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Three states inched closer to repealing their death penalty laws this year. Washington, Utah, and New Hampshire have been debating repeal bills in the most recent legislative session, but so far, two have come up short, and one is still pending.

In New Hampshire on Monday, the Senate will debate a bill that would repeal the death penalty and replace it with a sentence of life without parole. SB 593 has bipartisan support and 13 co-sponsors in the 24-member Senate. And although Governor Chris Sununu has vowed to veto the bill if it passes, New Hampshire Coalition to Abolish the Death Penalty says “With some work we can potentially secure a veto-proof majority.”

The bill would not apply to New Hampshire’s only death row inmate, Michael Addison, who was sentenced to death in 2006 for killing Police Officer Michael Briggs.

Legislative efforts to end Utah’s death penalty have made surprising progress over the last two years, but more work needs to be done to consolidate enough support to pass a bill. St. George News reports that Republican Rep. Gage Froerer said that while he “was hopeful that Utah would be one of the first red states to take this, because the trend obviously is to do away with the death penalty,” and that he was “convinced whether it’s next year or five or 10 years from now the death penalty will go away,” he opted to drop his efforts because there were not enough votes in the House to pass it. The state’s legislative session ended yesterday.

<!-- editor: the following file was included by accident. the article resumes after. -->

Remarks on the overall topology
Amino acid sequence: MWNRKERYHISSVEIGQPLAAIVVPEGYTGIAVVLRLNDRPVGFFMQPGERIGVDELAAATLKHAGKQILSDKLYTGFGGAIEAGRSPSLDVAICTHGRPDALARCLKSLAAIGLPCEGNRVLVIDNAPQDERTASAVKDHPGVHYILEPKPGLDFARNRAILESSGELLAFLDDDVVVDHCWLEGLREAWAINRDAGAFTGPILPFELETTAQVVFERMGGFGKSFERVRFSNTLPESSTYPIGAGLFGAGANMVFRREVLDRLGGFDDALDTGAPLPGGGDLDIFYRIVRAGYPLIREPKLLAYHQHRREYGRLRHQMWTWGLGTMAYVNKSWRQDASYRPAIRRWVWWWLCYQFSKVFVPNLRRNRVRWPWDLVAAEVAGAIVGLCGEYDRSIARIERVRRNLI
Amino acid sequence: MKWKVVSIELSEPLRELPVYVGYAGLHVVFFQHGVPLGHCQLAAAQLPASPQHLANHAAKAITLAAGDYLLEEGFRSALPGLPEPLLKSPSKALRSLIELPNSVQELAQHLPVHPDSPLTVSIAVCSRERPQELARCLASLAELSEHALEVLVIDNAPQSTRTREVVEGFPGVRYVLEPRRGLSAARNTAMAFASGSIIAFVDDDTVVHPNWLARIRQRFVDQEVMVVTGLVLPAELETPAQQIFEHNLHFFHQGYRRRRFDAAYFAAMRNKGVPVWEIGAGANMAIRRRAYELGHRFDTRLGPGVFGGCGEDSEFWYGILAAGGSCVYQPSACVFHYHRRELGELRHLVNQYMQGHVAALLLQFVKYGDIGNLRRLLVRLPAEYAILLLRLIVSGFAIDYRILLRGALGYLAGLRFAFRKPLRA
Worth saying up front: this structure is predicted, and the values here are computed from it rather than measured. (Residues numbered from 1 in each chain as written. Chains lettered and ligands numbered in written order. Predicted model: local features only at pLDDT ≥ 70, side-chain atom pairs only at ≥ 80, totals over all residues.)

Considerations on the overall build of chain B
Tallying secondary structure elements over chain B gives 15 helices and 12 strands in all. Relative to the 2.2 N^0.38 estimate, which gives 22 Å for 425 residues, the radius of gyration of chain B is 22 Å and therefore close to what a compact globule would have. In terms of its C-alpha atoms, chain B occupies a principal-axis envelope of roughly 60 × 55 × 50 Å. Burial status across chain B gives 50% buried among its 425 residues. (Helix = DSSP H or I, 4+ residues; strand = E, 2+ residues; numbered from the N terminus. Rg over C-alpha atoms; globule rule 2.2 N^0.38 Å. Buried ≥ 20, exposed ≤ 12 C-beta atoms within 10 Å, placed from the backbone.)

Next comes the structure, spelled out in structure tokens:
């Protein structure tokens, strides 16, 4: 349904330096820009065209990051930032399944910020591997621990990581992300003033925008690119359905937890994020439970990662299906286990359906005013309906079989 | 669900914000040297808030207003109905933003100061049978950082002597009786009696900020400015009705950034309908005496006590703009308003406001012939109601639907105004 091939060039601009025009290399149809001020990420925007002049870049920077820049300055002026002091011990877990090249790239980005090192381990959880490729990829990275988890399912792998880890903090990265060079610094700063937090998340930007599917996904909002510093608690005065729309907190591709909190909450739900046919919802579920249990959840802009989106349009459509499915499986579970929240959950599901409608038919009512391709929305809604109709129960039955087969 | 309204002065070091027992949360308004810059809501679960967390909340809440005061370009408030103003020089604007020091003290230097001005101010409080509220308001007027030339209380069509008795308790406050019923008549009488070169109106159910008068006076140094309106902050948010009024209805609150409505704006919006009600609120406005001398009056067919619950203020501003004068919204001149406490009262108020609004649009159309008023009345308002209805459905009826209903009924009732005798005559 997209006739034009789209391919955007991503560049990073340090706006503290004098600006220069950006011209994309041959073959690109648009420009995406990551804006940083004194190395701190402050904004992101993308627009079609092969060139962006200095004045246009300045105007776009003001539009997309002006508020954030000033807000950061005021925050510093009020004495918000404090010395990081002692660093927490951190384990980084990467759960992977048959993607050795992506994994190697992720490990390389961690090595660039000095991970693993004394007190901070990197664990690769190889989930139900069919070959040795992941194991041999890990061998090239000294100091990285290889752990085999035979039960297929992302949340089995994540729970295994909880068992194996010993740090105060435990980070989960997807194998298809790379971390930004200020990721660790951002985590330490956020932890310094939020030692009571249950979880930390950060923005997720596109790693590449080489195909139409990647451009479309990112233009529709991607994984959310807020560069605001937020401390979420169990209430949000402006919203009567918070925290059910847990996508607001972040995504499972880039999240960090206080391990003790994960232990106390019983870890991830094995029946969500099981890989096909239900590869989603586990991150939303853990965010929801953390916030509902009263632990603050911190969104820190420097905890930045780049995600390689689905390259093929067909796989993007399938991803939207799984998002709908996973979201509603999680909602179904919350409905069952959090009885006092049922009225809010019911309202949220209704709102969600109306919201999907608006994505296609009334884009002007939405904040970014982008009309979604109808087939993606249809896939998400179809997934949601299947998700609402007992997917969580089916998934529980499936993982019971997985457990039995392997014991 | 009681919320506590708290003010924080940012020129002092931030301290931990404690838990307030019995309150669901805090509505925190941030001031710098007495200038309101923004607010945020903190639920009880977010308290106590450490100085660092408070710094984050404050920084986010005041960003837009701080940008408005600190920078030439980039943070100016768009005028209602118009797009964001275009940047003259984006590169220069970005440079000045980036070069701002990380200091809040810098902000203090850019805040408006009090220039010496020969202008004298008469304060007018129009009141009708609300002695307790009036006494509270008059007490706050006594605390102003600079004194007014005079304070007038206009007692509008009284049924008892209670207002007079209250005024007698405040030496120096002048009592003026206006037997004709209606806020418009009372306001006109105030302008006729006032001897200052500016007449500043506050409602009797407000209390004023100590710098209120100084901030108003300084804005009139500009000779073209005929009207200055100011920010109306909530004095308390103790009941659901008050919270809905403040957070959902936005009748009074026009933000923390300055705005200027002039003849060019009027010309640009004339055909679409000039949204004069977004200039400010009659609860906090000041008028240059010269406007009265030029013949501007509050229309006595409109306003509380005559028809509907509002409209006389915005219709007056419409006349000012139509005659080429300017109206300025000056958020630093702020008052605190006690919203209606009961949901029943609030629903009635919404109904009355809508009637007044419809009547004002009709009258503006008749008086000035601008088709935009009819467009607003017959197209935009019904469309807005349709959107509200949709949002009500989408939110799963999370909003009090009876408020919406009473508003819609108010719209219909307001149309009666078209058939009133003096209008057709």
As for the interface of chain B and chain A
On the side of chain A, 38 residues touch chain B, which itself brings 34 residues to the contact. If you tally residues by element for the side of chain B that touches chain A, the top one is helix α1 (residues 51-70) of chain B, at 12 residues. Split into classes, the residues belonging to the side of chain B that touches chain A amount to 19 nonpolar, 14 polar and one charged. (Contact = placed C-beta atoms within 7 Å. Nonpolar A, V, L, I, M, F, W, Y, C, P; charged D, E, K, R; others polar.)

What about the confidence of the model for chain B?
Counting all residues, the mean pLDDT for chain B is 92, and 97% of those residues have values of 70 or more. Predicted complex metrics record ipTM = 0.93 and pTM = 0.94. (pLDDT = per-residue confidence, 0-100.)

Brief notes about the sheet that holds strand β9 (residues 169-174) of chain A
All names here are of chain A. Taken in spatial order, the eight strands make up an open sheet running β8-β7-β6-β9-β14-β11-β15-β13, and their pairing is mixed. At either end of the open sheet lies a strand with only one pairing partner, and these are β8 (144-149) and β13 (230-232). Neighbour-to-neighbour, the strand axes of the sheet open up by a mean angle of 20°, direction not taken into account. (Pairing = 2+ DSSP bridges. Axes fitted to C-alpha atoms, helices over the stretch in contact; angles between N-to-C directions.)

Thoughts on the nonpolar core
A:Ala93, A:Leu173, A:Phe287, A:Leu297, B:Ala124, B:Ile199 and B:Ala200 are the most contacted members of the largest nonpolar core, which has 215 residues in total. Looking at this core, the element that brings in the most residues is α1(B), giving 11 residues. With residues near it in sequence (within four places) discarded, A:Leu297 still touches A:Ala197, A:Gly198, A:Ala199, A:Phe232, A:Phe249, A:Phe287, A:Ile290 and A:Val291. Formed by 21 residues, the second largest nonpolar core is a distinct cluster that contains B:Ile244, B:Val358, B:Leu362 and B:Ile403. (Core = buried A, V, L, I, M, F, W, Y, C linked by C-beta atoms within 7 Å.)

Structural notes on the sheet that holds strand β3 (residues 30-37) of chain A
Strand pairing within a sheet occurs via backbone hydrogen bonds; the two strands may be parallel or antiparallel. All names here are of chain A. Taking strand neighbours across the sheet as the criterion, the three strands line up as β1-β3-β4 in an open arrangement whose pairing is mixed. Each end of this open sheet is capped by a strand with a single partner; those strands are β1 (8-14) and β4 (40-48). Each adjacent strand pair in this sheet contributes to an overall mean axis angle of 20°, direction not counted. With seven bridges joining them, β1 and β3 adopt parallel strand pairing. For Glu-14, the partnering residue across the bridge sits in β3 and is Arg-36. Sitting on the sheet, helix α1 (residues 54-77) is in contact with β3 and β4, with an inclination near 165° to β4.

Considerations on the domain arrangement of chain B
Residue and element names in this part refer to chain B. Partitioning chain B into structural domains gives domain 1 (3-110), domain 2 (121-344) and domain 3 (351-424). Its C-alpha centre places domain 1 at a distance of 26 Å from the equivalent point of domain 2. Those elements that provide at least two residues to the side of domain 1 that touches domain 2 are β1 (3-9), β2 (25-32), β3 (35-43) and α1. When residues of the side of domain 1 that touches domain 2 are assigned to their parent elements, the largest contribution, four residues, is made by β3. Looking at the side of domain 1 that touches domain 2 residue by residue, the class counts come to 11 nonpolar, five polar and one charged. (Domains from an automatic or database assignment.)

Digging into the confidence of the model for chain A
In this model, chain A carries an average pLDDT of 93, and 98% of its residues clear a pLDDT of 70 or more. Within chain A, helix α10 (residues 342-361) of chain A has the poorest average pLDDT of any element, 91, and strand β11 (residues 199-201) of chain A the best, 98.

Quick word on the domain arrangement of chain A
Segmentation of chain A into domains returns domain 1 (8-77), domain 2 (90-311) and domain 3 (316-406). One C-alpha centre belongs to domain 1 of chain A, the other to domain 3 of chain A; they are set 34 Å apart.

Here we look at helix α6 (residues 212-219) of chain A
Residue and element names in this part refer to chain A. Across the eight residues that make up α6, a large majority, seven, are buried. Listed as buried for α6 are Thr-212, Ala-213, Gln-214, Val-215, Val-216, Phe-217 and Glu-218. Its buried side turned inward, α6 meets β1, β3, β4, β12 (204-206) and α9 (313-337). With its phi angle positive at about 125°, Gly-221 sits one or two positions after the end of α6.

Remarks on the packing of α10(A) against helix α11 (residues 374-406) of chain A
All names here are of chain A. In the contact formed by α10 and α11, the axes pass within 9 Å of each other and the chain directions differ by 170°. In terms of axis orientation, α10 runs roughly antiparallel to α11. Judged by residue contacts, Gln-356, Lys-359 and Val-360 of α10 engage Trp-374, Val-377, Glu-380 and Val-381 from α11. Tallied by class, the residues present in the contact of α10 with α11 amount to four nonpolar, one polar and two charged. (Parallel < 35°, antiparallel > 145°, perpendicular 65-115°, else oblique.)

There are nine inmates on Utah’s death row. Its last execution was Ronnie Lee Gardner by firing squad in 2006.

A repeal bill in Washington appeared to have plenty of support, but time ultimately ran out in the legislative session. The bill had the backing of both Gov. Jay Inslee and Attorney General Bob Ferguson as well as legislators on both sides of the aisle, and passed the state Senate 26-22 on February 14. From there it was supposed to go to the state House of Representatives, but it didn’t make it to the House floor by the 5 p.m. deadline on March 2. Organizers remain hopeful that it will receive a vote (and pass) next year.

Gov. Inslee instituted a moratorium in 2014. The state’s last execution was in 2010.

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